Latest update: September 5th, 2012
Israel’s Supreme Court on Monday ordered the Minister of Religious Affairs Yaakov Margi and the Chief Rabbinate Council to explain why they not allow single women to immerse in state-run mikvahs, Kikar HaShabbat reports.
Justices Eliakim Rubinstein, Esther Hayut and Uri Shoham have recently been discussing a petition requesting that any Jewish woman, regardless of her marital status, should be allowed to dip in the mikvahs run by the religious councils.
The petitioners are Oriya Pliah, Amital Sachs and the Center for Women’s Justice (CWJ), who are seeking to change the policy.
The petition was initially brought before Justice Rubinstein, who ruled that the hearing should be moved to a panel of three judges. Now this panel has issued a conditional order requesting clarifications on a matter which could be seen as purely halachic in nature and thus outside the purview of the secular court.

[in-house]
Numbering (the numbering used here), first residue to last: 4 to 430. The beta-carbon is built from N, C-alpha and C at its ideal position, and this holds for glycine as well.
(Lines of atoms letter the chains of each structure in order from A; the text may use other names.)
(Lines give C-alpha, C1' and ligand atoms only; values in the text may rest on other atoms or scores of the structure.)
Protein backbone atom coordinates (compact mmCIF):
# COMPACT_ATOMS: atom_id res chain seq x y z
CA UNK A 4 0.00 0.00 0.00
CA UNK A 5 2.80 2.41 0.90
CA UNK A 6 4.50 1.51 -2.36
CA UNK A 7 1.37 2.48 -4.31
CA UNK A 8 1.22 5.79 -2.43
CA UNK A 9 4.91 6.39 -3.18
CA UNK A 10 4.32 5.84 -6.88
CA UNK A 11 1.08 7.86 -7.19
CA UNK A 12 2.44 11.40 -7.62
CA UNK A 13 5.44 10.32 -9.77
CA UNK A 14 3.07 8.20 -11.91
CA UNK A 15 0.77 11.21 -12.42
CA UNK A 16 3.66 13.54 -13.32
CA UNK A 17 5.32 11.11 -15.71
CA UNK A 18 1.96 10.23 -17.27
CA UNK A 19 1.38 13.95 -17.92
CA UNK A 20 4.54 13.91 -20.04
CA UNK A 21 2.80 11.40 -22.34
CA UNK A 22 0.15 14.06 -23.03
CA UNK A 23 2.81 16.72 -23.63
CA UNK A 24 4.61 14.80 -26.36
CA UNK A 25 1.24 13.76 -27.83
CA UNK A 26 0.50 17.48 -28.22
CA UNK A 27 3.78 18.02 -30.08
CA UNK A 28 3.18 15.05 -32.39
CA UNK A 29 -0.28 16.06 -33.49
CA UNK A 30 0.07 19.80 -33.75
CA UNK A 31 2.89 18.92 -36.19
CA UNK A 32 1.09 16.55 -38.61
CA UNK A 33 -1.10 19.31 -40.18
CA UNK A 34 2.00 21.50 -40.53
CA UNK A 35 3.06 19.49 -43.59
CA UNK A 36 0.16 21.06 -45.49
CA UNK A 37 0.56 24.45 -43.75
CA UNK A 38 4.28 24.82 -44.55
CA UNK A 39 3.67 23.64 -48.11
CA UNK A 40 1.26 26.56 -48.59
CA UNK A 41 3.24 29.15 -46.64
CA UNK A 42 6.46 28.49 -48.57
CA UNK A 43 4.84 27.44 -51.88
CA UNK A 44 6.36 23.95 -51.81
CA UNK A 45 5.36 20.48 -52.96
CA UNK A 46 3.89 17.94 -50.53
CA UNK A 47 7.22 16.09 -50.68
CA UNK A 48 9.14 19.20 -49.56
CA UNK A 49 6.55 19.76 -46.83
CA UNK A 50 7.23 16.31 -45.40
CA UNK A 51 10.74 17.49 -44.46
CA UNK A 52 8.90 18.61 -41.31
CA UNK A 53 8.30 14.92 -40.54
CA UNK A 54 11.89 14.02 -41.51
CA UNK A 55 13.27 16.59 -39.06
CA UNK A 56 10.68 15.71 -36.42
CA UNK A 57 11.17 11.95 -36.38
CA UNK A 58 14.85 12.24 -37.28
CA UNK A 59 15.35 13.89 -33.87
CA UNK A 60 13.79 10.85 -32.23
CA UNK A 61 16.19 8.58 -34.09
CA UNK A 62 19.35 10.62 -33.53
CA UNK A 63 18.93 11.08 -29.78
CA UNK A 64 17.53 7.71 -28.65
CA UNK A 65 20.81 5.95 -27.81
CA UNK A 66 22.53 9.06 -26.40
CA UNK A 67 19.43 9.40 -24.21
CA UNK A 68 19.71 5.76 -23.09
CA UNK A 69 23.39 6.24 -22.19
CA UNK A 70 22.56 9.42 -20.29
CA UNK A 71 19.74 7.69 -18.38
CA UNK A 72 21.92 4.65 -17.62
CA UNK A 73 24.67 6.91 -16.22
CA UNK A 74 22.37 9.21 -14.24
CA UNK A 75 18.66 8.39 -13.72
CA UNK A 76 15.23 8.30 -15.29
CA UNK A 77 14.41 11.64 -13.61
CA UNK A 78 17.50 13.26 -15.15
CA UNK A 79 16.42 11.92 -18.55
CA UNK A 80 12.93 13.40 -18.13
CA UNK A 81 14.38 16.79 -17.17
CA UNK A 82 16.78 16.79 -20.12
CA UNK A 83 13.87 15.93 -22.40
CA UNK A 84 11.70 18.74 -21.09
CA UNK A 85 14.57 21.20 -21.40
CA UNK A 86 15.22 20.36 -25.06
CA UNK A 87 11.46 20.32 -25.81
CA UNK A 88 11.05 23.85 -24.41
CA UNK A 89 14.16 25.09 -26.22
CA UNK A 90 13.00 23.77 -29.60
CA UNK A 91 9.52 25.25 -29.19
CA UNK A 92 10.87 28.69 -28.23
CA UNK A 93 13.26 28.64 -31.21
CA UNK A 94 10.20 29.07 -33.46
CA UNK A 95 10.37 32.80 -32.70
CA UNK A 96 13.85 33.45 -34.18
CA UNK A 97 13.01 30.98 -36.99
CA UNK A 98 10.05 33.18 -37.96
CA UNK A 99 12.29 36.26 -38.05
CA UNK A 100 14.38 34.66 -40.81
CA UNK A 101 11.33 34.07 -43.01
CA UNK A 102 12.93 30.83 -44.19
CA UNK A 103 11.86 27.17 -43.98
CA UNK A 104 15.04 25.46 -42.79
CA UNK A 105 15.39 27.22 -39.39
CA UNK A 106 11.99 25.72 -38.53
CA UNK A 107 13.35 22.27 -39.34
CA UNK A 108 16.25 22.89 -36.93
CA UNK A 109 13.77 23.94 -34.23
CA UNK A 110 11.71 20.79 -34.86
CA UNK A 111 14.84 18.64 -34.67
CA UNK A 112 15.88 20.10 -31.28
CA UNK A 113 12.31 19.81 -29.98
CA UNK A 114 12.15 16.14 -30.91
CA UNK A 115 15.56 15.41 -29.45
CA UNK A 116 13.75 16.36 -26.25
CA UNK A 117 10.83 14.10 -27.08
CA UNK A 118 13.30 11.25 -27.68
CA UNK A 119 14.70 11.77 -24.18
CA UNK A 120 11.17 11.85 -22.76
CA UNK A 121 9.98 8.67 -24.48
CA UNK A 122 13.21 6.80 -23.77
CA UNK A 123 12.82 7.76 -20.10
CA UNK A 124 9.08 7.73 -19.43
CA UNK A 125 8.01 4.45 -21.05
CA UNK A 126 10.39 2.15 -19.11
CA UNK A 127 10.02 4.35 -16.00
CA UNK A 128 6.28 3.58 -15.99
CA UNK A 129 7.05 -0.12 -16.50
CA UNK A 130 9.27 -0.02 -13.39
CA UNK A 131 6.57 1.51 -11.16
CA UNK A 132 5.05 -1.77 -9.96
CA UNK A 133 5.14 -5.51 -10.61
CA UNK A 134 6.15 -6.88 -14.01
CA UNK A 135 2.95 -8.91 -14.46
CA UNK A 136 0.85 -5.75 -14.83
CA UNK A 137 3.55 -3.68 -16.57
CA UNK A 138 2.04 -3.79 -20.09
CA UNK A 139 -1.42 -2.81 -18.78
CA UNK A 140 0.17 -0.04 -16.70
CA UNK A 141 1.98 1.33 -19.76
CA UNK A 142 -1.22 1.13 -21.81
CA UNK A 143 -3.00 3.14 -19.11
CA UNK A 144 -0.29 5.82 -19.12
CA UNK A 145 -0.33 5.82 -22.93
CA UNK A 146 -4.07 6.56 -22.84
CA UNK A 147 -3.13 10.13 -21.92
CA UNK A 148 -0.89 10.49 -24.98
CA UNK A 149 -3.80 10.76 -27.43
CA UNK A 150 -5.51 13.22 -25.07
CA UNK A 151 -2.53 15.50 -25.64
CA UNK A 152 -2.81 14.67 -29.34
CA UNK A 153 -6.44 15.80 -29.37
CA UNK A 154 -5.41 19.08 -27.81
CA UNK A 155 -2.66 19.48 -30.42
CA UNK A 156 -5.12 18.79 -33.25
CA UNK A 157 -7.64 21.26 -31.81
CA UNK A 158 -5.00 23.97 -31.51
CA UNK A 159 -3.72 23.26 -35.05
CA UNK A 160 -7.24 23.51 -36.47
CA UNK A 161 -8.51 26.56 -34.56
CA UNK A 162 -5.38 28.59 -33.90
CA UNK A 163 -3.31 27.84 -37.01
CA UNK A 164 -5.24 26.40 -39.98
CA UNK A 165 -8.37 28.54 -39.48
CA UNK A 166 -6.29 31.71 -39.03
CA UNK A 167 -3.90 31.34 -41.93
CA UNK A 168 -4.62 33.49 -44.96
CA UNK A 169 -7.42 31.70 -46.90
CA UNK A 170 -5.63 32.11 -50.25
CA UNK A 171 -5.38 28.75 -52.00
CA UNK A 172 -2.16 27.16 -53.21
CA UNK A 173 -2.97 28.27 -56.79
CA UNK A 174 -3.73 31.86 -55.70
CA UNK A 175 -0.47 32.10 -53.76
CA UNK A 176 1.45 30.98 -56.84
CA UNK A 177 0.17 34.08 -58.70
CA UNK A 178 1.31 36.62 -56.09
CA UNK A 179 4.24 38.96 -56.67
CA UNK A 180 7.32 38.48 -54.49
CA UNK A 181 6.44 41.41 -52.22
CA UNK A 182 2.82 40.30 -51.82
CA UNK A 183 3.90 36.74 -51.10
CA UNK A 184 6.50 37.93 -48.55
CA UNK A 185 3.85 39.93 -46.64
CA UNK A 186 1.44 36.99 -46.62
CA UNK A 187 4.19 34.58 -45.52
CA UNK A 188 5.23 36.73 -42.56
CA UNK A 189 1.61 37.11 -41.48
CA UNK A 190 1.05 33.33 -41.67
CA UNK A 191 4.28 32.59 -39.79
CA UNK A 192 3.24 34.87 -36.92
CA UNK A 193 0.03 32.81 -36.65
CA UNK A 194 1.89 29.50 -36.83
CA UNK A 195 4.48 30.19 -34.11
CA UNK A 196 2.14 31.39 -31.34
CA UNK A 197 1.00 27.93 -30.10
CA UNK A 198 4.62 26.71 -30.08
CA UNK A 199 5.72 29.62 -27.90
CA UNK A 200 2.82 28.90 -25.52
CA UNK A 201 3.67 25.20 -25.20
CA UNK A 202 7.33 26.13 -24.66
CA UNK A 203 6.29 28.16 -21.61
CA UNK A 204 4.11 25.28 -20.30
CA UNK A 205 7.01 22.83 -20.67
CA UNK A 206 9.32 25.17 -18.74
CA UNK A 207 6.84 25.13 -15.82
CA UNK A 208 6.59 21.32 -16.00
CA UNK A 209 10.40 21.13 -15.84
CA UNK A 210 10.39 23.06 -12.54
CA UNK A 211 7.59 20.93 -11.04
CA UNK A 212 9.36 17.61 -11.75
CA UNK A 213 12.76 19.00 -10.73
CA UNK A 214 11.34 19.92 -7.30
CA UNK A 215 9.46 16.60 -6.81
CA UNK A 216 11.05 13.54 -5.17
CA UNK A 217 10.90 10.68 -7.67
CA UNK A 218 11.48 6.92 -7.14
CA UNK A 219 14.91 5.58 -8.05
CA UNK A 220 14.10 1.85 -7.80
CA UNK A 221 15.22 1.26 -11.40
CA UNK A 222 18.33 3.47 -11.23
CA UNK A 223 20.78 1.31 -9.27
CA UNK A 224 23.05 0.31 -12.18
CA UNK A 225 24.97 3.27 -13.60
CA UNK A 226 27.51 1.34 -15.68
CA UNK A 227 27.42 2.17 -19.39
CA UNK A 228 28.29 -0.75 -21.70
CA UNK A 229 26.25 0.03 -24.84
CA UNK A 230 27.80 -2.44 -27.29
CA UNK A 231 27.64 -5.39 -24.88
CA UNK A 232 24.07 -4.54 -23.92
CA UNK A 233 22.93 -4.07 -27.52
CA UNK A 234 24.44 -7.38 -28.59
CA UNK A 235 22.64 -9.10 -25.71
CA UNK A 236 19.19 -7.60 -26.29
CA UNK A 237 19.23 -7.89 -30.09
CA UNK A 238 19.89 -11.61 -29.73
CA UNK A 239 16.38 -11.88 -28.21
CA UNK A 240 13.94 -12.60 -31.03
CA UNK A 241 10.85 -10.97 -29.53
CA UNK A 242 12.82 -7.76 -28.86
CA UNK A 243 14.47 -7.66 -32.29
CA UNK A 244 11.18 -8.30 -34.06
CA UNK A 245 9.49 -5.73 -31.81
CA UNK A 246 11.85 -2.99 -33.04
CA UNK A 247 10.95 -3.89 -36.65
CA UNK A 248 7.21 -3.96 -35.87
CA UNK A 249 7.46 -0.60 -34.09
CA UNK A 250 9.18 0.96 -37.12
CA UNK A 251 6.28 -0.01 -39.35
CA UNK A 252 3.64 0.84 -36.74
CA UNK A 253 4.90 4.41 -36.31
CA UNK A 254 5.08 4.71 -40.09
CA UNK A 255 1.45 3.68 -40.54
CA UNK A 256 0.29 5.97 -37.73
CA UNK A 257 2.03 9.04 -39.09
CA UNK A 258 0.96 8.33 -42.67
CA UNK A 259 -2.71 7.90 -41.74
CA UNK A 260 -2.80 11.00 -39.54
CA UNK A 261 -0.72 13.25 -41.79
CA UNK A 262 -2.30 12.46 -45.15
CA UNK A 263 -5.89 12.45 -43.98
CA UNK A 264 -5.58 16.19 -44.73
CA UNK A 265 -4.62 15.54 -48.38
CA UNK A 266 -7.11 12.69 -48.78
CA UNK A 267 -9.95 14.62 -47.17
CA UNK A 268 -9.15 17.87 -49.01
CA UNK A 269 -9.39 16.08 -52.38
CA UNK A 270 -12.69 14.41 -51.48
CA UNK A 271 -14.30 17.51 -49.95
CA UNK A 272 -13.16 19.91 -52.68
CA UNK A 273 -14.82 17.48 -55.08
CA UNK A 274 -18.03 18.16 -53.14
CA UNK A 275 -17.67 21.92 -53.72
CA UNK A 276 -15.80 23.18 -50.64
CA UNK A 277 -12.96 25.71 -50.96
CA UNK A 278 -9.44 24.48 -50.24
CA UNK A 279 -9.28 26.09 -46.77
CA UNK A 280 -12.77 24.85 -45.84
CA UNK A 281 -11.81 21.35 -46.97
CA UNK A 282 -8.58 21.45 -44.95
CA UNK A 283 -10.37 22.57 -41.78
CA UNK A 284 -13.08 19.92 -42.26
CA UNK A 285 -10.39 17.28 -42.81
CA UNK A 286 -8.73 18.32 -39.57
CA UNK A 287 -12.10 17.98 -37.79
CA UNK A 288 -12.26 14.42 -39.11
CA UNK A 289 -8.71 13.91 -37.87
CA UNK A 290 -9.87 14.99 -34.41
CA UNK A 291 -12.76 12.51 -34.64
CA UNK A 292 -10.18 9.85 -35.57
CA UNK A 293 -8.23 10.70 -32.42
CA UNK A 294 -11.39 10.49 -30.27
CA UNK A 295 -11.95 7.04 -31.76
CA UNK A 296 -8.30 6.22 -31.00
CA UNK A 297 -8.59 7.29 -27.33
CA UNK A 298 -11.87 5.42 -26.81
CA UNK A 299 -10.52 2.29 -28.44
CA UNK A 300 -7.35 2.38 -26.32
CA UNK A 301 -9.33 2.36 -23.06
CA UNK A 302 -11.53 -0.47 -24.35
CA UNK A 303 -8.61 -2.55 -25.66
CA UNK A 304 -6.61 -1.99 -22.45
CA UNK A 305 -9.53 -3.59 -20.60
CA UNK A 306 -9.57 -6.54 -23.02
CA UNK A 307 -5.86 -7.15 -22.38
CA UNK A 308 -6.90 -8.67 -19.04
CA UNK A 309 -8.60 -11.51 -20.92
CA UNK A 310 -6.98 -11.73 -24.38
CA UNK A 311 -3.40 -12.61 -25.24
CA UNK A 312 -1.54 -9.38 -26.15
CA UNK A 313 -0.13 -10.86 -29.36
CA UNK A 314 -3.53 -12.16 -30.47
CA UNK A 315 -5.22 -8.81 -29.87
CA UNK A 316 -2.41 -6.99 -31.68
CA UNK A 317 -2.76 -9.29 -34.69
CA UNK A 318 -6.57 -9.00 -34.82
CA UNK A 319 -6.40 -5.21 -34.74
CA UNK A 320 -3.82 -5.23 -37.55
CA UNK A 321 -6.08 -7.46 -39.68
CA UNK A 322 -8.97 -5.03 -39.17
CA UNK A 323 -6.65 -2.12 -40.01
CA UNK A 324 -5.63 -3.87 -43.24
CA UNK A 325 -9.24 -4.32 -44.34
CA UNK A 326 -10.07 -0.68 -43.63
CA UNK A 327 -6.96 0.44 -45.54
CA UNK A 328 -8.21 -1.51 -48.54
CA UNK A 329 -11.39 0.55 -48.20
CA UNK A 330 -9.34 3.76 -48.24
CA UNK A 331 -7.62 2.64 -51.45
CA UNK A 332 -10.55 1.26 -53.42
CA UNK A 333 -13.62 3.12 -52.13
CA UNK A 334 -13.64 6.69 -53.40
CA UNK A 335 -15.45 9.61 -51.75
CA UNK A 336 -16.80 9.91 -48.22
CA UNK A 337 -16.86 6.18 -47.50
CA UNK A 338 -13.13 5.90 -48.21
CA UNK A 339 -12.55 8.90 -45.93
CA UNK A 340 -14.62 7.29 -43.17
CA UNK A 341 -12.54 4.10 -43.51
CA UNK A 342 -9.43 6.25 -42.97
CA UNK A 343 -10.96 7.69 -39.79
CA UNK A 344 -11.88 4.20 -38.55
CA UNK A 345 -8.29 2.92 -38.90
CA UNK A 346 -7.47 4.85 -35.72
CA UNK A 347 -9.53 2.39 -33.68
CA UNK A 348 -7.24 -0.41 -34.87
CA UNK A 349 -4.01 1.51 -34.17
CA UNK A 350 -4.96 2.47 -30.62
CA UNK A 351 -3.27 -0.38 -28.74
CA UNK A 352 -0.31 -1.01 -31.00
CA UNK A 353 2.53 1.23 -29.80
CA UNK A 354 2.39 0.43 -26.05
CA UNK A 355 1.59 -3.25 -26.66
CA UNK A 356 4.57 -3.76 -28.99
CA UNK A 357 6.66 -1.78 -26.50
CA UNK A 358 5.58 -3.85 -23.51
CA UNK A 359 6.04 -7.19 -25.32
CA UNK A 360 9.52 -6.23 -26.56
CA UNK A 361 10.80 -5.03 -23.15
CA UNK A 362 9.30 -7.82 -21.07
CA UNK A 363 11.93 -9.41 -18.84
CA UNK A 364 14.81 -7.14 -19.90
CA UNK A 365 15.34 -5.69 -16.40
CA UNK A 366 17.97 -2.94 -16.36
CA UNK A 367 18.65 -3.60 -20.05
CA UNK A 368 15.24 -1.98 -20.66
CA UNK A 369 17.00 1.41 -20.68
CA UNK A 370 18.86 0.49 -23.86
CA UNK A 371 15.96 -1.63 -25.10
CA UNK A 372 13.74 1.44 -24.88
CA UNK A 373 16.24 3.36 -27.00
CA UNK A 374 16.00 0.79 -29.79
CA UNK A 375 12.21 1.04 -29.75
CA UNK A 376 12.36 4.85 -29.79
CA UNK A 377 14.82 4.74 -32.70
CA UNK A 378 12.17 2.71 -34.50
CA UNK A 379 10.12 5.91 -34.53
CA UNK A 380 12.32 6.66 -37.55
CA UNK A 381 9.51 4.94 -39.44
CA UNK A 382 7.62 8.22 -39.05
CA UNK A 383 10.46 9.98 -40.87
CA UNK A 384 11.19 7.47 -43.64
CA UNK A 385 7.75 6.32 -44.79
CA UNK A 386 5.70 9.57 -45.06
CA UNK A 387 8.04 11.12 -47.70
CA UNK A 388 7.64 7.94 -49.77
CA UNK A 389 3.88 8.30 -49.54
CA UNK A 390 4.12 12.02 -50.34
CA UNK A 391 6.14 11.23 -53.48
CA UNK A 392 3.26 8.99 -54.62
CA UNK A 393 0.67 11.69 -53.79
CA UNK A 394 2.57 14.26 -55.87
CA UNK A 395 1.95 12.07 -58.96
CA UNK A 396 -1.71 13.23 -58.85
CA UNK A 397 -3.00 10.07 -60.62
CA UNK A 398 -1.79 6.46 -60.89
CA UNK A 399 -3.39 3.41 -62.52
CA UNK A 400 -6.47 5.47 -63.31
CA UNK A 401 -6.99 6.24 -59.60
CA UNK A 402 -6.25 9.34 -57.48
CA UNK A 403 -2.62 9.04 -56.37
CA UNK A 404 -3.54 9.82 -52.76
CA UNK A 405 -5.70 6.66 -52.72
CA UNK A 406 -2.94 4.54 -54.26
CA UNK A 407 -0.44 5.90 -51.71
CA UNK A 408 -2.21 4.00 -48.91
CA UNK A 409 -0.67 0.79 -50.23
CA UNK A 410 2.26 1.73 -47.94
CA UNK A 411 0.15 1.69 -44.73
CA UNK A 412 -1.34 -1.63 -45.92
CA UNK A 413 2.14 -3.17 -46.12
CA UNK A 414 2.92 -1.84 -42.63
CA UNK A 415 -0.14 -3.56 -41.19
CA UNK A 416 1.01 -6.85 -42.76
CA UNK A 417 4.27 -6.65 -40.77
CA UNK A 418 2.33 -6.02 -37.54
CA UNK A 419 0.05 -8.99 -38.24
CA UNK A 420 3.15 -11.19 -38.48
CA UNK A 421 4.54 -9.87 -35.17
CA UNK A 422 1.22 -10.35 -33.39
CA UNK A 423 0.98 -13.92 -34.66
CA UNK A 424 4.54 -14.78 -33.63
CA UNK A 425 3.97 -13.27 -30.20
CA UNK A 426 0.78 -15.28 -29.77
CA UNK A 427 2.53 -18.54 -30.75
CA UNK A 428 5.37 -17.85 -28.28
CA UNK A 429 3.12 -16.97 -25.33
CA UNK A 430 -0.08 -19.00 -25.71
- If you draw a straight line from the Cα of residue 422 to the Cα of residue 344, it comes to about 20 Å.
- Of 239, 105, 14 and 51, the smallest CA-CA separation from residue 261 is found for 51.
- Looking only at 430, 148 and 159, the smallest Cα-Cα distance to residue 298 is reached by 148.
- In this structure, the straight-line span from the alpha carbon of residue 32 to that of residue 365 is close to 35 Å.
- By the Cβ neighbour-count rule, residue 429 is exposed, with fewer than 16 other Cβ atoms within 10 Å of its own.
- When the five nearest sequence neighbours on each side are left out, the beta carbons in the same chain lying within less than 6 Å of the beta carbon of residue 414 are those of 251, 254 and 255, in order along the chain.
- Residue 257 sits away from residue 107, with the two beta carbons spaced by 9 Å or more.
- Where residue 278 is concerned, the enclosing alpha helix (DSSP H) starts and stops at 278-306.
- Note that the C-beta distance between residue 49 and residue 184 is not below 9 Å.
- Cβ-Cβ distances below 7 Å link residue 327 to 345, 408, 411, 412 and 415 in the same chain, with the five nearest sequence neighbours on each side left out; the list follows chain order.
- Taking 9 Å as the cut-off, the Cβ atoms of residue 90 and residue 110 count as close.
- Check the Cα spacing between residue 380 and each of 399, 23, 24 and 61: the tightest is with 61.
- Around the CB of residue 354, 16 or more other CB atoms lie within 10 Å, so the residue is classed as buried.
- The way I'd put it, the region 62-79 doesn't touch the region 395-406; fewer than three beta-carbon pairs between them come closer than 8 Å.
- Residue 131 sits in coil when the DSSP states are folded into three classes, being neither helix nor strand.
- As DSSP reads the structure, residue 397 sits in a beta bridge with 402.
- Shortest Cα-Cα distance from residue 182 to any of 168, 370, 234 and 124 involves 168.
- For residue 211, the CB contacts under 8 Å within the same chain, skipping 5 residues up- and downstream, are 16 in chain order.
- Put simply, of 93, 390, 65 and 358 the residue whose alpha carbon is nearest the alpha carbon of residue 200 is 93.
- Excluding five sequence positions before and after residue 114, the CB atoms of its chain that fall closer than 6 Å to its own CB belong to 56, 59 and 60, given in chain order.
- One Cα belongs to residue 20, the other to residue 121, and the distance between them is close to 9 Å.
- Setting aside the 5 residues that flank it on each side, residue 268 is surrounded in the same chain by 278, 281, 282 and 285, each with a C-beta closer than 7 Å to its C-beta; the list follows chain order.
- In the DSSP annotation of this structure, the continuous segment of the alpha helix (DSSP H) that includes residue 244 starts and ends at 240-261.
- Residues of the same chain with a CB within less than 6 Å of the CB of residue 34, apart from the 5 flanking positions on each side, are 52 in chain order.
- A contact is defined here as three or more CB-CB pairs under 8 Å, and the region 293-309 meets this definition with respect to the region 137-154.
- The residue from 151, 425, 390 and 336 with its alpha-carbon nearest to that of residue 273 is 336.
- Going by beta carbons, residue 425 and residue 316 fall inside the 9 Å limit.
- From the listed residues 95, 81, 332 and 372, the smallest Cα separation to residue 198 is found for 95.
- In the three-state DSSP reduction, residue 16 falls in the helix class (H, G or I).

According to their website, the Center for Women’s Justice is a public interest law organization dedicated to defending and protecting the right of women in Israel to equality, dignity and justice within Jewish law.
CWJ carries out legal activity and advocacy aimed at ending practices that discriminate against women in the name of the Jewish religion. CWJ files key lawsuits in civil courts across Israel, with the aim of setting legal precedents and achieving systemic solutions to religious dilemmas that compromise gender democracy and threaten the Jewish future. CWJ also carries out Social Awareness activities which educate the public about marriage, divorce and social justice in Jewish life and promote social change.
About the Author: Tibbi Singer is a veteran contributor to publications such as Israel Shelanu and the US supplement of Yedioth, and Jewish Business News.
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